Batman in Print – The Night of Thanks, but No Thanks (1986)

 

The Night of Thanks but No Thanks (1986)  Written by Harlan Ellison, Illustrated by Gene Colan and Bob Smith


 By Jonathan Kemmerer-Scovner

Harlan Ellison is my favorite writer, it is true. Mostly known for his Science Fiction short stories, he also occasionally dips his pen into the world of comics. Detective Comics #567 is one of the few things I have ever purchased via eBay – probably about ten years ago. In 1986, it sold for 75 cents. In 2001, I bid ten dollars for it. I was completely gone in obsessive Harlan Ellison completist, collecting frenzy, sifting through used book stores and buying whatever was to be had. My favorite writer and my favorite comic book character? I could not resist.

As much an unthinking ritual as breathing… the nightly patrol. Times beyond counting, he has been as he is tonight: watching.

Flipping through the issue, it is clear to see that there are no super villains, no real over-arching plot, but rather a night in the life of Batman. Batman on patrol.

Colan and Smith do a smooth job creating Gotham city at night – from deserted alleys to highrises, even a sequence in what looks to be Gotham’s stand-in for Central Park: stretches of unkempt grass and dark, tulgey woods. Great to see Batman in his element: flying about, swooping, lurking.

The story, however… well, I should have known Harlan would not be content with telling a typical Batman story. He is, above all else, a smart-ass. The story veers, beginning with the first page, as Batman lands in the midst of an armed robbery, only to find that the store owner already has a gun shoved in the would-be assailant’s face and says simply, “Good to see you.  Mind calling 911 while I keep puke-for-brains here busy?”

Next, we meet a young man about to inflict some ultra-violence on an old, graying, helpless lady. Again, Batman appears on the scene, only to witness the woman beating the man senselessly with her purse. “Y’want food stamps, greaseball? I’ll give ya foodstamps! Howzabout a mouthful of bloody chiclets?!”

As the evening progresses, Batman is one-upped by the Gotham City police, nearly ruins an undercover drug bust, and misinterprets the actions of several innocent Gothamites who at first glance seem to be engaged in some wrong-doing. This is the story of Batman getting in the way. This is an exercise in emasculation.

However, it does make an interesting point. It has always occurred to me to wonder, how exactly does Batman know the immediate score when he suddenly intervenes in any given situation? For every clear-cut moment of a hoodlum pointing a gun at some innocent, there must be at least a dozen such moments in which it would be impossible to tell exactly what’s going on, who’s doing what to whom, who the ‘bad guy’ is.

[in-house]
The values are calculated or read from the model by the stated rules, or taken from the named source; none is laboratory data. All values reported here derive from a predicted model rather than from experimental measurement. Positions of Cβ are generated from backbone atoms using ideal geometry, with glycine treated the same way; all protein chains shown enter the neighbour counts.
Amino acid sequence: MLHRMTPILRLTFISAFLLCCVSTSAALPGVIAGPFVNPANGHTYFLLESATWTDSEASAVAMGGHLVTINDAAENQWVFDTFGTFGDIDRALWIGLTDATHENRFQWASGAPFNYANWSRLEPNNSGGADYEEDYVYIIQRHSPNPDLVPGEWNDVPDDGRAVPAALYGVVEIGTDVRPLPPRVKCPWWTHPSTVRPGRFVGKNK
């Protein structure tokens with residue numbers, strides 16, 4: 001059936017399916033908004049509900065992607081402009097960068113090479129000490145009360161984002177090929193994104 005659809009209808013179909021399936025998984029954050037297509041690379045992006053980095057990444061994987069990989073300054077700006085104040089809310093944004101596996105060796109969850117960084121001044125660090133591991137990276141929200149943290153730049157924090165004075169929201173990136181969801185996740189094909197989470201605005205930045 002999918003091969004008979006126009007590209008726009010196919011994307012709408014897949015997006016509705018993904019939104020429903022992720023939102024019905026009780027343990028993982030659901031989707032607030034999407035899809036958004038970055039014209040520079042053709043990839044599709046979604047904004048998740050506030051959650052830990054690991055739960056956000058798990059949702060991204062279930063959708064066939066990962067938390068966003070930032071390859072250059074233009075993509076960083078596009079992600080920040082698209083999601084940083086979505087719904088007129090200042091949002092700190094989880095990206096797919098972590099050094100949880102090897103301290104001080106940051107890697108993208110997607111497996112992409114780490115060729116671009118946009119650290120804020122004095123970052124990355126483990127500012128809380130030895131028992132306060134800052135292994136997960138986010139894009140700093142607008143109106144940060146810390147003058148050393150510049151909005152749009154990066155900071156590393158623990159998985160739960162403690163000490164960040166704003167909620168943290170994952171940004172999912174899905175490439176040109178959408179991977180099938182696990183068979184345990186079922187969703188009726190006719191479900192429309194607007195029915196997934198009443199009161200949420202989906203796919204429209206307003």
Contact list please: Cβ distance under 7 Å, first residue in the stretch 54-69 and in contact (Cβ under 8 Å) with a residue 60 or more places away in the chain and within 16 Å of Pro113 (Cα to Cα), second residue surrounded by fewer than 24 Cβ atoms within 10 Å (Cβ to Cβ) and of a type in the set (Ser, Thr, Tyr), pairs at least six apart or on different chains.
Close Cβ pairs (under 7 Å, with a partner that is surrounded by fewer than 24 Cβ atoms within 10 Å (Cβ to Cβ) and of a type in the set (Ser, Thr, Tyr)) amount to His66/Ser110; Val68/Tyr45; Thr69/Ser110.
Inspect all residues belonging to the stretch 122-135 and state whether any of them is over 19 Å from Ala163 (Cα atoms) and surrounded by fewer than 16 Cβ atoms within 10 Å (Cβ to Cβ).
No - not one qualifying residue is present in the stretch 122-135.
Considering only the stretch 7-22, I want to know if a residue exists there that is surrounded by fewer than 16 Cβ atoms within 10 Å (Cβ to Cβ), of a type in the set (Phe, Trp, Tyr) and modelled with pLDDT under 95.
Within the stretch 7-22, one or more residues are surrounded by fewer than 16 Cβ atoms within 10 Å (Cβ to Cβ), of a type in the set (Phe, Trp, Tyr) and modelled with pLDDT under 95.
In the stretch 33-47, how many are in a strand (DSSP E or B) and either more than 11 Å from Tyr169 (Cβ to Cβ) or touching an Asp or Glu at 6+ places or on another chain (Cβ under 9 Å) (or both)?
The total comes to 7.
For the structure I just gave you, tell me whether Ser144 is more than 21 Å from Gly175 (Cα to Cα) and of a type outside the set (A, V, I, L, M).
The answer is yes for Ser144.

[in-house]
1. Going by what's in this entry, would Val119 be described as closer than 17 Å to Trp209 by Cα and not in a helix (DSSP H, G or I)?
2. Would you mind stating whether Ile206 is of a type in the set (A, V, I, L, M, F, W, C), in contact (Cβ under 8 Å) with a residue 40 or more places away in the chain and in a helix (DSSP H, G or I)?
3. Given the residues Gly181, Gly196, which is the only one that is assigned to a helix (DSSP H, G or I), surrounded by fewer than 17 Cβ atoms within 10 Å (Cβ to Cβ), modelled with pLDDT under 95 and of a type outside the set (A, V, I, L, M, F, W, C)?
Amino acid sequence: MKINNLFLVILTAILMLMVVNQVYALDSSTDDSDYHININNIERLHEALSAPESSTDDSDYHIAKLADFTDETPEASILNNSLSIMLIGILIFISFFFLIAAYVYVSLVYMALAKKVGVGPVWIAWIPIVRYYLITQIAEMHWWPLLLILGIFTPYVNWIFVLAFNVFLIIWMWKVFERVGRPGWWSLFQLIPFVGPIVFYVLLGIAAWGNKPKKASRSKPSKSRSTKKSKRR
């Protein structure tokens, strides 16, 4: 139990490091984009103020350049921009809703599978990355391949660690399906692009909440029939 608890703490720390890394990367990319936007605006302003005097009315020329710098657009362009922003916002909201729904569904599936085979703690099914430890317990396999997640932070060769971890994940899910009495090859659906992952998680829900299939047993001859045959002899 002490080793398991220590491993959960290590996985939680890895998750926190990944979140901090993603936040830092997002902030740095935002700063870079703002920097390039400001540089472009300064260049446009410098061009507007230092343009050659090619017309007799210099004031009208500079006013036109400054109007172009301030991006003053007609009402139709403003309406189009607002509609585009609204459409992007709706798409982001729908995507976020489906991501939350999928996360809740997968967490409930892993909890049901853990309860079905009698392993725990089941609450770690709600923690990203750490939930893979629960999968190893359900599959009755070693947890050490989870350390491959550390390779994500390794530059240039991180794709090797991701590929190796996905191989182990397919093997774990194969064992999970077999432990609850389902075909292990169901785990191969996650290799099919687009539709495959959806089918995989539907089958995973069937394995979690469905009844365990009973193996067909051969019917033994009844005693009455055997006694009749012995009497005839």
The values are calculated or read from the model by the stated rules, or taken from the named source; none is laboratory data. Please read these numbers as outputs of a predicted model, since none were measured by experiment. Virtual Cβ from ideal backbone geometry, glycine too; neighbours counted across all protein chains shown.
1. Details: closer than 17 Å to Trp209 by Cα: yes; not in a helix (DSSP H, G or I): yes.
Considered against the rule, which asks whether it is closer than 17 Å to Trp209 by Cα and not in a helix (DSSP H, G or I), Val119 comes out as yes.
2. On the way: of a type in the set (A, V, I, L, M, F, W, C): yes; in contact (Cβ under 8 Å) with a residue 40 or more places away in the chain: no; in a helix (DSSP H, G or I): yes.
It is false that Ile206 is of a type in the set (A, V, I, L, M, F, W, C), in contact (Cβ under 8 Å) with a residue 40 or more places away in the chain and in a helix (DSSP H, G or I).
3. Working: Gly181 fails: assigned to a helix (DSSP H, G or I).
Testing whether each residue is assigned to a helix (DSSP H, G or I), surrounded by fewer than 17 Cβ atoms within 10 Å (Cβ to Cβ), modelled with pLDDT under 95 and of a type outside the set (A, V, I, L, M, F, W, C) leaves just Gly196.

I noted that this is a problem which Christopher Nolan neatly eschews in his films. In both Batman Begins and The Dark Knight, there has not once been a sequence in which Batman randomly intervenes in a situation. His presence is always purposeful, intentional. Even Tim Burton only had a moment like this once, at the very beginning of his 1989 film, and even then – I could not help but note – he does not intervene until after the punks mug the wayward family, beat the father, abscond with their wallet. I guess he had to be really sure.

There’s also the sense that in the film world, the necessities of two-hour-plus plots mean that Batman must be constantly acting and reacting according to the actions of the villain. There’s not much time to just hang out. In the world of comics, however, we often have sequences like this, Batman on his nightly patrol, interrupting muggings, rapings, safe-crackings, gang wars, vandalizing, you name it. If there’s shit going down anywhere in Gotham, Batman is seemingly on the case.

So it is nice to see a thoughtful counterpoint in this issue.  But a part of me can’t help but suspect that Harlan Ellison was just being a smartass.

At the end of his night, Batman spies a large, grotesque of man, plodding along through the night, wild-eyed, unshaven, sneering. When the brute carelessly tosses his candy-car wrapper on the ground, Batman emerges from the shadows.

“There’s an ordinance against littering, tiny!”

“Huh?  Oh, Batman!  What’d you say..?  Litter?  Oh, yeah… the wrapper! You’re absolutely right, sir!  I should be ashamed of myself! And I’m the one who is forever inveighing against the careless masses who turn our streets into garbage pits! We all belong to the city, Gotham is our living room… Good citizenship ever needs reinforcing! Thank goodness you’re always with us, Batman! For the moments when carelessness dominates our actions! Good night, sir; and have a quiet evening.”

There are nine and sixty ways of constructing a Batman story, and every single one of them is right.

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